Advisory Board: Six Knowledge Areas to Seek in Members
An advisory board is one of the most valuable resources any middle-market business owner or CEO can have. In publicly-held companies, the role of the board of directors is more formalized, but that doesn’t lessen the importance of the board of advisors in a privately-held business.
And while members of the board of directors at a publicly-held company have a fiduciary responsibility, can be held accountable and should obtain directors and officers liability insurance (sometimes called “D&O”), advisory board members at privately-held companies are not required to meet those standards.
The advisory board of a privately-held company can be responsible for a wide range of tasks. These include setting annual budgets, establishing operational goals, making sure that sufficient funds are available for operations, and evaluating the job performance of the CEO.
Selecting Your Advisory Board Members
So how do you go about the process of selecting members for your board of advisors? If yours is a privately-held business, you and your shareholders have a lot of latitude in deciding exactly what you want your board of advisors to accomplish. This, in turn, will mainly drive what kinds of individuals you should be looking for as you choose them.
For example, you may want to tap independent advisory board members who can offer technical, financial or strategic advice and direction for your company. This way, you’ll have a team of experts you can turn to on a regular basis who have knowledge of your operations and can offer detailed guidance based on this knowledge. Relying on input from a knowledgeable board of advisors is one of the best ways to supplement your own background and experience with that of other experts in a wide range of disciplines.
Six Valuable Knowledge Areas
Here are six areas of knowledge and responsibility that good advisory board members typically should possess:
1. Your industry, strategy and competitive and market positions
Ideally, advisory board members will usually come from within your industry. By choosing industry insiders to serve on your board, you won’t have to spend the time bringing outsiders up to speed on the details and nuances of your industry. Insiders can also offer valuable input about where your company stands from a competitive position in your market and industry. Based on this, they can help you formulate the best strategies going forward.
2. Your operations, organizational structure and key employees
Board members need to be knowledgeable in these areas to offer the most useful counsel to you and your managers. For example, when they are familiar with the strengths and weaknesses of key employees, they can make suggestions about how these employees can best be utilized to achieve company goals and objectives.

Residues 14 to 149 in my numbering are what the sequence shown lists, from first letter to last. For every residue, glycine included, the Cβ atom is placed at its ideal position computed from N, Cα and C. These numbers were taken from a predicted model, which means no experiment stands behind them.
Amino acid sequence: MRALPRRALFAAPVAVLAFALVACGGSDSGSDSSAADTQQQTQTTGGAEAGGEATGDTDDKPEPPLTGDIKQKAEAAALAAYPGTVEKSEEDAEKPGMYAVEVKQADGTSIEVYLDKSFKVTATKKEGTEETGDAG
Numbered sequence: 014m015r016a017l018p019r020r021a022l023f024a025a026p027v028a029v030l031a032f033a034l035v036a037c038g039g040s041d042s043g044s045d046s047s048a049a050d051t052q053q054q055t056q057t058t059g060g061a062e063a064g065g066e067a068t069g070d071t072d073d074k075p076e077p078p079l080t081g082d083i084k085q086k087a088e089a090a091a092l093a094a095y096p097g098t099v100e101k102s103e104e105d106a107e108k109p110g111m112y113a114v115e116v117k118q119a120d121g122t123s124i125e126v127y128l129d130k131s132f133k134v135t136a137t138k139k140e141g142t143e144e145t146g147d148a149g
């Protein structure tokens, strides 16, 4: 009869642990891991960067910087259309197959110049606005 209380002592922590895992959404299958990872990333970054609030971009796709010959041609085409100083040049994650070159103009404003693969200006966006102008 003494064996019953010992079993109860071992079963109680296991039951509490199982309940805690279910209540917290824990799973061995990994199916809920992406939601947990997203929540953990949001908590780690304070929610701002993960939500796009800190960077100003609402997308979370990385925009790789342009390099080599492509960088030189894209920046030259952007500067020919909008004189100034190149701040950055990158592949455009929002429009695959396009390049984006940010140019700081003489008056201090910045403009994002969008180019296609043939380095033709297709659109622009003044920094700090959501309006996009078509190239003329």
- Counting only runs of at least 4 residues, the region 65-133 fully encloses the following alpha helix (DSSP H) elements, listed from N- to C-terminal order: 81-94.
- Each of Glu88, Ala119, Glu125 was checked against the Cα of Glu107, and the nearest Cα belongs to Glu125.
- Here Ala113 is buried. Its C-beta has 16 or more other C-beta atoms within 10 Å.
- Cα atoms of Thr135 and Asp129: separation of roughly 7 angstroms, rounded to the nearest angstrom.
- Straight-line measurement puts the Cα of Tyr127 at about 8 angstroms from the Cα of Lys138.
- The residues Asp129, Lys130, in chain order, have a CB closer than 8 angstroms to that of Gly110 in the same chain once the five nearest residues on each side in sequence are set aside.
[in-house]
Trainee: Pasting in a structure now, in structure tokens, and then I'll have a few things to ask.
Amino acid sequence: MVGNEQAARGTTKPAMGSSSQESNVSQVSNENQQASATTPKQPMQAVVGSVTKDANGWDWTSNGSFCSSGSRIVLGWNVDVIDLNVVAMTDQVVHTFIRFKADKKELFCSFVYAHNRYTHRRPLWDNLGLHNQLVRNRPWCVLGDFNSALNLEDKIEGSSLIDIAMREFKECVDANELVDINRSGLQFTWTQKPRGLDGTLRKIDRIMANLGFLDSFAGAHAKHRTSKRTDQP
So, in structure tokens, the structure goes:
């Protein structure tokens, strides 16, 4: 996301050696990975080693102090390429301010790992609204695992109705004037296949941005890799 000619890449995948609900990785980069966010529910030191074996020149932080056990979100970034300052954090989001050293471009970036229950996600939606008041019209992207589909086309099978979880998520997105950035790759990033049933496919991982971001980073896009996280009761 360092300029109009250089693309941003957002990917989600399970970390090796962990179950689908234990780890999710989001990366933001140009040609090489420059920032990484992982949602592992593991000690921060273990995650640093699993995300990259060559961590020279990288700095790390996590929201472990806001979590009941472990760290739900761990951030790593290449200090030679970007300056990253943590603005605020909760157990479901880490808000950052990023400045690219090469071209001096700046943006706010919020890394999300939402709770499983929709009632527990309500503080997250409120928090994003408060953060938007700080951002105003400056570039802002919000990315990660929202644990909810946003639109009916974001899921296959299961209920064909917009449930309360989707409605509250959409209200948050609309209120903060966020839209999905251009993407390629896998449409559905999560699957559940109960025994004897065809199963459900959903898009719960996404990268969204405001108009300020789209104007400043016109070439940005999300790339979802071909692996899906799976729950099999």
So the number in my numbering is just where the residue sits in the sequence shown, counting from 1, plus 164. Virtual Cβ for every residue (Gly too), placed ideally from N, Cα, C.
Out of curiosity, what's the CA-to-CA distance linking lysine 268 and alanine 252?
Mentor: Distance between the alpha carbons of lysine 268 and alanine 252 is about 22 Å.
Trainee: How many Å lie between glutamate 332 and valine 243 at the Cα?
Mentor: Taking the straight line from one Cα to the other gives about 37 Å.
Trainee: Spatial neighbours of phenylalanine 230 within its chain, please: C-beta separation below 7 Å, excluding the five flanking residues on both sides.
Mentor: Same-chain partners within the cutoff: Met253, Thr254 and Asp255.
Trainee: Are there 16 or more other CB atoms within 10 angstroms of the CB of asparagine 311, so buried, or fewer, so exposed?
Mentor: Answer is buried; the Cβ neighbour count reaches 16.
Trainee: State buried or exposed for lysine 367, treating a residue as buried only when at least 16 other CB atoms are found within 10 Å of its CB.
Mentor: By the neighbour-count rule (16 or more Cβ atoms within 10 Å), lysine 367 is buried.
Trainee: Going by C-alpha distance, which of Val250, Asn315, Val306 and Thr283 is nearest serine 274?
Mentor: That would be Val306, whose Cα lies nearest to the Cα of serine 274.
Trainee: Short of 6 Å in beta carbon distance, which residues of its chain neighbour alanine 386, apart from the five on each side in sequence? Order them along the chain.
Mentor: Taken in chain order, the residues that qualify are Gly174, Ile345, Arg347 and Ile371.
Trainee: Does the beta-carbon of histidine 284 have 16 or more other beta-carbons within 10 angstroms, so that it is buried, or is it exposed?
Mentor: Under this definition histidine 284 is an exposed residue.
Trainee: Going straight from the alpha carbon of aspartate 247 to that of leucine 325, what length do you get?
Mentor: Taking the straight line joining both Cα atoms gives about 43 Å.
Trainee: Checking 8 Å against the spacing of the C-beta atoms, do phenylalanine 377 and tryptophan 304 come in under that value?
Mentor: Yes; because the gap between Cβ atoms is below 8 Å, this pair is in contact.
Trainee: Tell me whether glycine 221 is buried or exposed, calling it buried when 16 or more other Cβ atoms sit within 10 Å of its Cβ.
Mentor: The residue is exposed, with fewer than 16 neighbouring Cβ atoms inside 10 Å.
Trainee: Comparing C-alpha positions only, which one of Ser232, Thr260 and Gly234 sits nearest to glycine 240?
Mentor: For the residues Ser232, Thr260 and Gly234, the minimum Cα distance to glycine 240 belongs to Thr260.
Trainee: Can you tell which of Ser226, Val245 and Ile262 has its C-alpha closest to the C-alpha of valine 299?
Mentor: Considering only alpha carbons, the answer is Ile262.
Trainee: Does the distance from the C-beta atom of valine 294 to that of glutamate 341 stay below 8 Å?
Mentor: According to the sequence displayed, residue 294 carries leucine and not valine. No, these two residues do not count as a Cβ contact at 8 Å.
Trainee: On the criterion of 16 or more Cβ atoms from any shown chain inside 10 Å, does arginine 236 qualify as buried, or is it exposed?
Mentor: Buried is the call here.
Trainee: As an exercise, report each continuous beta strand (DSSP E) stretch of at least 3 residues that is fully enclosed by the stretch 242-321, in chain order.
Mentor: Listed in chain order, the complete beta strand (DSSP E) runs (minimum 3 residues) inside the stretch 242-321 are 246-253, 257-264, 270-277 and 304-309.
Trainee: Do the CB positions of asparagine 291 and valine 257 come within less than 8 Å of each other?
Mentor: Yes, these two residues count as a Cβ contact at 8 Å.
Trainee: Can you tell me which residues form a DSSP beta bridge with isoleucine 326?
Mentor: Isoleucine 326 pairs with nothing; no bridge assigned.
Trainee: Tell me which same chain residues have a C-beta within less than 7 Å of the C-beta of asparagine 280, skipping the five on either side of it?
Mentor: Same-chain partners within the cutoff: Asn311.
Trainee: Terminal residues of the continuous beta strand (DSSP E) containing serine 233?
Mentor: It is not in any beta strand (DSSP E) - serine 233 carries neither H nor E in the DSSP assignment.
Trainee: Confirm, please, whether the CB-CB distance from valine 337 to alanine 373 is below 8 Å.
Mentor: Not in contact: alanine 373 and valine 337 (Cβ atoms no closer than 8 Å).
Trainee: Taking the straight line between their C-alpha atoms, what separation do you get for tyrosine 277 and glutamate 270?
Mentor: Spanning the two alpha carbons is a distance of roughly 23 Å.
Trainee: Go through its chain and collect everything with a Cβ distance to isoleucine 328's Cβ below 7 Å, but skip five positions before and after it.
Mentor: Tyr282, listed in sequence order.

3. Current business trends and issues in your industry
In every industry, there are important trends and issues that affect management strategy and decision-making. By choosing advisory board members who are on top of (and can stay on top of) them, you will be able to better position your company for long-tem success.
4. Key risks, regulations and legal issues in your industry
Similarly, there are rules and regulations in every industry that must be followed to avoid legal snags and running afoul of regulatory authorities. Choosing advisory board members who are intimately familiar with these rules and the risks they may pose to your company can help you avoid legal and regulatory traps you might not even see coming.
5. Financing, capital structure and critical accounting issues
It almost always makes sense to choose at least one or more board members who have experience in these critical areas. If your company ever needs to borrow money or raise capital, or if you encounter accounting related challenges, the expertise of this board member (or members) will prove invaluable.
6. Trends and guidance related to corporate earnings and owner distributions
While this applies mainly to publicly-held companies, private enterprises can also benefit from advisory board member guidance in this area. Earnings management is a critical strategy when it comes to lowering taxes, both at the corporate and individual (i.e., owner) levels.
A board of advisors is one of the most valuable resources any middle-market business owner or CEO can have. Advisory boards of privately-held companies can be responsible for a wide range of tasks including setting annual budgets, establishing operational goals, making sure that sufficient operational funds are available, and evaluating the CEO’s job performance. An outsourced CFO services provider can help you go about the process of identifying and selecting members for your board of advisors.
Arthur F. Rothberg, Managing Director, CFO Edge, LLC